In this description, the "port", "nettype", "addrtype" and "connection-address" tokens are defined as specified in "Appendix A: SDP Grammar" of [RFC2327]. Example encodings could be: m=audio 49170 RTP/AVP 0 a=rtcp:53020 m=audio 49170 RTP/AVP 0 a=rtcp:53020 IN IP4 126.96.36.199 m=audio 49170 RTP/AVP 0 a=rtcp:53020 IN IP6 2001:2345:6789:ABCD:EF01:2345:6789:ABCD The RTCP attribute MAY be used as a media level attribute; it MUST NOT be used as a session level attribute. Though the examples below relate to a method that will return only unicast addresses, both unicast and multicast values are valid. RFC3489]. We thus obtain a four step process: 1 - The host allocates two UDP ports numbers for an RTP/RTCP pair, 2 - The host sends a UDP message from each port to the STUN server, 3 - The STUN server reads the source address and port of the packet, and copies them in the text of a reply,
4 - The host parses the reply according to the STUN protocol and learns the external address and port corresponding to each of the two UDP ports. This algorithm supposes that the NAT will use the same translation for packets sent to the third party and to the "SDP peer" with which the host wants to establish a connection. There is no guarantee that all NAT boxes deployed on the Internet have this characteristic. Implementers are referred to the STUN specification [RFC3489] for an extensive discussion of the various types of NAT.
understand the "a=rtcp" attribute will simply ignore it; they will fail to send RTCP packets to the specified address, but they will at least be able to receive the media in the RTP packets. RFC3489]. STUN is a short term fix to the NAT traversal problem, which requires thus consideration of the general issues linked to "Unilateral self- address fixing" [RFC3424]. The RTCP attribute addresses a very specific problem, the documentation of port numbers as they appear after address translation by a port-mapping NAT. The RTCP attribute SHOULD NOT be used for other applications. We expect that, with time, one of two exit strategies can be developed. The IETF may develop an explicit "middlebox control" protocol that will enable applications to obtain a pair of port numbers appropriate for RTP and RTCP. Another possibility is the deployment of IPv6, which will enable use of "end to end" addressing and guarantee that the two hosts will be able to use appropriate ports. In both cases, there will be no need for documenting a "non standard" RTCP port with the RTCP attribute. RFC3369] is the technical method to be implemented and applied. This is compatible with SIP [RFC3261]. RFC2327] has been registered by IANA. This attribute field is designed for use at media level only.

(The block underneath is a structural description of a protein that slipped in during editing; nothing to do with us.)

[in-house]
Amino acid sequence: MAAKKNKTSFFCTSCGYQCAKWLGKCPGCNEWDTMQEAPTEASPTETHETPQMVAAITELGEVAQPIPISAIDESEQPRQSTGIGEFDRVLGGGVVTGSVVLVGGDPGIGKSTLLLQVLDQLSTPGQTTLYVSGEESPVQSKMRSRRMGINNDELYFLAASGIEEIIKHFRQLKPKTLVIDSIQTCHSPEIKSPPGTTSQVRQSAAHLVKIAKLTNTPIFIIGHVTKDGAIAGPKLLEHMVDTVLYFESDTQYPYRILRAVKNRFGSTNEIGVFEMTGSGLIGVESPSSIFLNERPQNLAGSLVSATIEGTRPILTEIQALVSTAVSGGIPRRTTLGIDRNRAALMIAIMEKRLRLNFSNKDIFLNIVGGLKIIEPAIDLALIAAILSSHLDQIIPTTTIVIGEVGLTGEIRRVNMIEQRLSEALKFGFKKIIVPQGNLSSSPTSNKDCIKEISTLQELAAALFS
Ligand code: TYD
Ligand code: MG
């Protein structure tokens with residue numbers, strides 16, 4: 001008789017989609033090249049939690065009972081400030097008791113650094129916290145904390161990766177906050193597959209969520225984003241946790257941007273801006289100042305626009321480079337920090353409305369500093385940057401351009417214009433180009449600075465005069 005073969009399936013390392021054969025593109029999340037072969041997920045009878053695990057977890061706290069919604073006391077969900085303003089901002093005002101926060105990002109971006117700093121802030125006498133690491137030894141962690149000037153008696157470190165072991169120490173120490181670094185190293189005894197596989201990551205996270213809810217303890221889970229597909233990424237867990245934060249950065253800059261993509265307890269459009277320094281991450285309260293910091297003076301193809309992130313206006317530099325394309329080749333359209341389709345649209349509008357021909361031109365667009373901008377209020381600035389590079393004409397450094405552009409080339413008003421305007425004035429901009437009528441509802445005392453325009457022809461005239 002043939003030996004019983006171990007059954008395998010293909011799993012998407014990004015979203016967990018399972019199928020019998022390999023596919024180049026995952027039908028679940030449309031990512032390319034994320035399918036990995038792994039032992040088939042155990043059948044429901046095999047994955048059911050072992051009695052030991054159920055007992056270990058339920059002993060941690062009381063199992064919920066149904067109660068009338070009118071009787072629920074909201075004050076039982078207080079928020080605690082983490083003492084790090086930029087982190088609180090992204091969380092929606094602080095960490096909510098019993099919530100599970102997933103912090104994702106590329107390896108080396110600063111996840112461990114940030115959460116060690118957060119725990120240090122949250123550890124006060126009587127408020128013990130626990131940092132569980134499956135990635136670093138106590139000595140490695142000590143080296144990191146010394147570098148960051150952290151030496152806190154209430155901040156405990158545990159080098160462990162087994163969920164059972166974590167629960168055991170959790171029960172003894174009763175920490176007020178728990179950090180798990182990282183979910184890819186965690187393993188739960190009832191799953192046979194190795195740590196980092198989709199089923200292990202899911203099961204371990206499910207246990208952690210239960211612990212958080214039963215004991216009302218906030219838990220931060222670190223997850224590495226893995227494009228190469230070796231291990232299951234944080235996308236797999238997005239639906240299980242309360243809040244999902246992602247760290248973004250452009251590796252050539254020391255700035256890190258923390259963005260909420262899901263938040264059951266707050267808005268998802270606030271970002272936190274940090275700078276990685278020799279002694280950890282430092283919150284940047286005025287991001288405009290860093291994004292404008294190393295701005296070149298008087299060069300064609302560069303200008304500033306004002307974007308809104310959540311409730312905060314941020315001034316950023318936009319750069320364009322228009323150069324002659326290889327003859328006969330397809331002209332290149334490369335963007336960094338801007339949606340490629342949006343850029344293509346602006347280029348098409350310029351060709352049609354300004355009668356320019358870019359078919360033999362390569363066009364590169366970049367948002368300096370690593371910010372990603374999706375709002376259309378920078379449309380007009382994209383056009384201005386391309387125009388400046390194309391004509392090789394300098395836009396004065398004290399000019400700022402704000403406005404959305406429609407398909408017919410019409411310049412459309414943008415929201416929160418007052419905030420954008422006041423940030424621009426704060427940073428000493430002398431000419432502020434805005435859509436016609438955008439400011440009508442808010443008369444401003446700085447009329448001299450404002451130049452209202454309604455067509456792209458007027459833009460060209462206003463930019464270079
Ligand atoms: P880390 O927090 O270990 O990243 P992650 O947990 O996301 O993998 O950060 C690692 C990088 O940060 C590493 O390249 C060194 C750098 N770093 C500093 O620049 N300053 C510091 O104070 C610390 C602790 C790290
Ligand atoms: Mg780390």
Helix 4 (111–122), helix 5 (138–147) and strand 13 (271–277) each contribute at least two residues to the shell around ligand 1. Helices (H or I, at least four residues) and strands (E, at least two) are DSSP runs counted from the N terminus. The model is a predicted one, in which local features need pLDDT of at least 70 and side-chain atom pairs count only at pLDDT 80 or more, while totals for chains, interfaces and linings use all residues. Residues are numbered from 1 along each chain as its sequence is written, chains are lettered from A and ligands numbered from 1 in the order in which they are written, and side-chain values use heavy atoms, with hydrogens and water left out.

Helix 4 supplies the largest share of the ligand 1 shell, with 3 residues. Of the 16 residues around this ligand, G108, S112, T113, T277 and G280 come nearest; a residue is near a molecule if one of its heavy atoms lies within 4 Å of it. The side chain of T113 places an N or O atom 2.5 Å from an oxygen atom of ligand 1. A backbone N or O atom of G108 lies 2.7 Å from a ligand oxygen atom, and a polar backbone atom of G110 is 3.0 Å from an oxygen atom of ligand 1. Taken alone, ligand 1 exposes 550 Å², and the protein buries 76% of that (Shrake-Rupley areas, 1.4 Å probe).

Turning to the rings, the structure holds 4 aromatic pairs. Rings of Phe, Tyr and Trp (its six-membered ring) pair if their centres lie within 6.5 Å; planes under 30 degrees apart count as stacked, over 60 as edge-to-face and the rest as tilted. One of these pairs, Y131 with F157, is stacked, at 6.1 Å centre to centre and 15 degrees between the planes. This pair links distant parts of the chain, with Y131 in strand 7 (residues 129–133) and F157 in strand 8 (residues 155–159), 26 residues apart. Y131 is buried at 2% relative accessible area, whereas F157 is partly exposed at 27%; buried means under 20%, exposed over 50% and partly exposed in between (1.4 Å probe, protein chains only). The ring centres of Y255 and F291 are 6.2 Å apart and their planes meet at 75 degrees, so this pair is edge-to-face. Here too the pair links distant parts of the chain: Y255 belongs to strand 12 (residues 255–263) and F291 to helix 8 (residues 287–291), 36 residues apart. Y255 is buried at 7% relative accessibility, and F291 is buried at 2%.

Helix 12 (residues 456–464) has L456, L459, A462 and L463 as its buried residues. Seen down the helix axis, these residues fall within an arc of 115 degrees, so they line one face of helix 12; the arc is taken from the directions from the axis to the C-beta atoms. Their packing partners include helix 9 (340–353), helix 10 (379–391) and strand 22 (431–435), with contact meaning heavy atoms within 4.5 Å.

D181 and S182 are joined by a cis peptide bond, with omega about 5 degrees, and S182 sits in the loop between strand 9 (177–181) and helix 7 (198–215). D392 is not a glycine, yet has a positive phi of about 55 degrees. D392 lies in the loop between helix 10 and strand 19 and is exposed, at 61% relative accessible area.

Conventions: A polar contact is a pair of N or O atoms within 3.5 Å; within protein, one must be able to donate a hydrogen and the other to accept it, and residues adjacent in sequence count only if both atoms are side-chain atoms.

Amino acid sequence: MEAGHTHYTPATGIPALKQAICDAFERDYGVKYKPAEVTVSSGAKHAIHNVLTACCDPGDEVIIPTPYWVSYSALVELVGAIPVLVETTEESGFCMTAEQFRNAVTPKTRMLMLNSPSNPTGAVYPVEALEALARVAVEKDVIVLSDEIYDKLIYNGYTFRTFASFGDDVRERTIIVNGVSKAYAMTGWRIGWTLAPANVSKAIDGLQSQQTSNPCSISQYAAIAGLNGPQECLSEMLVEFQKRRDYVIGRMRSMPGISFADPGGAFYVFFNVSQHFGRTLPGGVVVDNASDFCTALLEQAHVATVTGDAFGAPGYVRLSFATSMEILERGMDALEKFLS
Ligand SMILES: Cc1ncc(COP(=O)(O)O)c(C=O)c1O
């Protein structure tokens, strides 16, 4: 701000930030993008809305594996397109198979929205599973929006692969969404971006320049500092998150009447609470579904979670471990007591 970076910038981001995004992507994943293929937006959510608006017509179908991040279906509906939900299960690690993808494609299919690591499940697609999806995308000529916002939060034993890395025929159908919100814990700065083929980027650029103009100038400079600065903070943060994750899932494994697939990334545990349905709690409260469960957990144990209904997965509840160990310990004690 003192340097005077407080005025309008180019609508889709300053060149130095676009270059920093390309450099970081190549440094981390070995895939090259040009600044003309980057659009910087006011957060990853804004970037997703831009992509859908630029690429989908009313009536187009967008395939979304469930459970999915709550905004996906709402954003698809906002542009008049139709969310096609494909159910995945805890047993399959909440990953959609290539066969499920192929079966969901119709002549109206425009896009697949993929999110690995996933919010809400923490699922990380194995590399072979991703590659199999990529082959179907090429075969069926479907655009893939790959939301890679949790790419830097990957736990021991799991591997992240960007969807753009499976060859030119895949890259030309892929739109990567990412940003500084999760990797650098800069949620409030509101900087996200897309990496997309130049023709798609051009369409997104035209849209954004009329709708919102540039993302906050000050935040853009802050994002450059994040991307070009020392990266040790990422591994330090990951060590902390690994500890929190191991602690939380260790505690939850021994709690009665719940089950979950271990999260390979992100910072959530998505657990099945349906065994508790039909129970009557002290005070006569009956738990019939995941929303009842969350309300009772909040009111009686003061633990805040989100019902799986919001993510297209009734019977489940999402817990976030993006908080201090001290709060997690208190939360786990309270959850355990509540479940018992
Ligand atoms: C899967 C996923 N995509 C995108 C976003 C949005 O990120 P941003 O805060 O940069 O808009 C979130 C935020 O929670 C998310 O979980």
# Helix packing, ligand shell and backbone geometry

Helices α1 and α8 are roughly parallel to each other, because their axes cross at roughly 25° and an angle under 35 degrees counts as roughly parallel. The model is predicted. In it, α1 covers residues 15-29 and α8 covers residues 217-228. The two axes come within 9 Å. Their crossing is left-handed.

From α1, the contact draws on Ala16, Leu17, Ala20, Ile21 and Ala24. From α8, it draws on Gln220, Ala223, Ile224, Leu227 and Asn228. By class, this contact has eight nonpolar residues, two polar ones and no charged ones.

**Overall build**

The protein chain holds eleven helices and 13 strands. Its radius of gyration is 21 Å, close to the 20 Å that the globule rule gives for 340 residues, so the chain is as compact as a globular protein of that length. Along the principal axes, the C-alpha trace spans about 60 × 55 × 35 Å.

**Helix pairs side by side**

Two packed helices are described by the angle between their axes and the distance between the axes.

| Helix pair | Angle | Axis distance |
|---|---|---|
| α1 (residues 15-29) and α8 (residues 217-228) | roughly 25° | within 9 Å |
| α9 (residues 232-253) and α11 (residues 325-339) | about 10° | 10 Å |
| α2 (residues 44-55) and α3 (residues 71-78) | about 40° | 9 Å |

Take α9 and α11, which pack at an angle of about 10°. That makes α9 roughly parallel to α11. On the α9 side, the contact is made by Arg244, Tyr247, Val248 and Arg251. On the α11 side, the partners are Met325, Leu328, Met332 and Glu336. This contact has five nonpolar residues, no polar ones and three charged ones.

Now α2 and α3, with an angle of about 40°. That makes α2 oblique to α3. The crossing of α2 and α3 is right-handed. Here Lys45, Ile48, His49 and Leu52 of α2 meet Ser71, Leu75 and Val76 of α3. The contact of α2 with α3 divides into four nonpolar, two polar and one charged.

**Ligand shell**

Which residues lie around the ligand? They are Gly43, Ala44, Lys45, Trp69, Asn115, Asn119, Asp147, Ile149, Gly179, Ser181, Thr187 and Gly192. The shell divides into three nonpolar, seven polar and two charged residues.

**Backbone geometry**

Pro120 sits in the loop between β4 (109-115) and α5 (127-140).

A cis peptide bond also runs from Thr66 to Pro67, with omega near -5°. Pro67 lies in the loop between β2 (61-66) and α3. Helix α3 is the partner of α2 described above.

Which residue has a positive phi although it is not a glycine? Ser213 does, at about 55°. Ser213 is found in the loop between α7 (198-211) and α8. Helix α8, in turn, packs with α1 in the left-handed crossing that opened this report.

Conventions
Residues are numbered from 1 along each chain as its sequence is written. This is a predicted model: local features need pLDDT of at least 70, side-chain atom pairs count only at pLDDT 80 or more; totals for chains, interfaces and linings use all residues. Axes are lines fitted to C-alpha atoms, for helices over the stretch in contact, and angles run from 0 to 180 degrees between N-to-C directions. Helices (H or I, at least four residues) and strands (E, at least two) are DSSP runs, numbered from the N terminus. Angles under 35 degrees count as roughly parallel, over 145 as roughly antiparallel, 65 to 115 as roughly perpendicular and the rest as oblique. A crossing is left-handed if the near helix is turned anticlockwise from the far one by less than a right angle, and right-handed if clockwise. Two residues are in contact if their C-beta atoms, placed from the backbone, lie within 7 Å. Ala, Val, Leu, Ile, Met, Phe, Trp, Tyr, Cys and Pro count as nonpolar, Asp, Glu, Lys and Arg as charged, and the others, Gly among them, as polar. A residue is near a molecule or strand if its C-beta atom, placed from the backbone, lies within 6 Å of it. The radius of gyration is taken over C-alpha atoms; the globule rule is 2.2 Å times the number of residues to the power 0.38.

[RFC1889] Schulzrinne, H., Casner, S., Frederick, R. and V. Jacobson. "RTP: A Transport Protocol for Real-Time Applications", RFC 1889, January 1996. [RFC2119] Bradner, S., "Key words for use in RFCs to Indicate Requirement Levels", BCP 14, RFC 2119, March 1997. [RFC2234] Crocker, D., Ed. and P. Overell, "Augmented BNF for Syntax Specifications: ABNF", RFC 2234, November 1997. [RFC2327] Handley, M. and V. Jacobson, "SDP: Session Description Protocol", RFC 2327, April 1998.
[RFC3489] Rosenberg, J., Weinberger, J., Huitema, C. and R. Mahy. "STUN - Simple Traversal of User Datagram Protocol (UDP) Through Network Address Translators (NATs)", RFC 3489, March 2003. [RFC3550] Schulzrinne, H., Casner, S., Frederick, R. and V. Jacobson. "RTP: A Transport Protocol for Real-Time Applications", RFC 3550, July 2003. [RFC2766] Tsirtsis, G. and P. Srisuresh. "Network Address Translation - Protocol Translation (NAT-PT)", RFC 2766, February 2000. [RFC3261] Rosenberg, J., Schulzrinne, H., Camarillo, G., Johnston, A., Peterson, J., Sparks, R., Handley, M. and E. Schooler, "SIP: Session Initiation Protocol", RFC 3261, June 2002. [RFC3369] Housley, R., "Cryptographic Message Syntax (CMS)", RFC 3369, August 2002. [RFC3424] Daigle, L., "IAB considerations for UNilateral Self- Address Fixing (UNSAF) across network address translation", RFC 3424, November 2002.
Acknowledgement Funding for the RFC Editor function is currently provided by the Internet Society.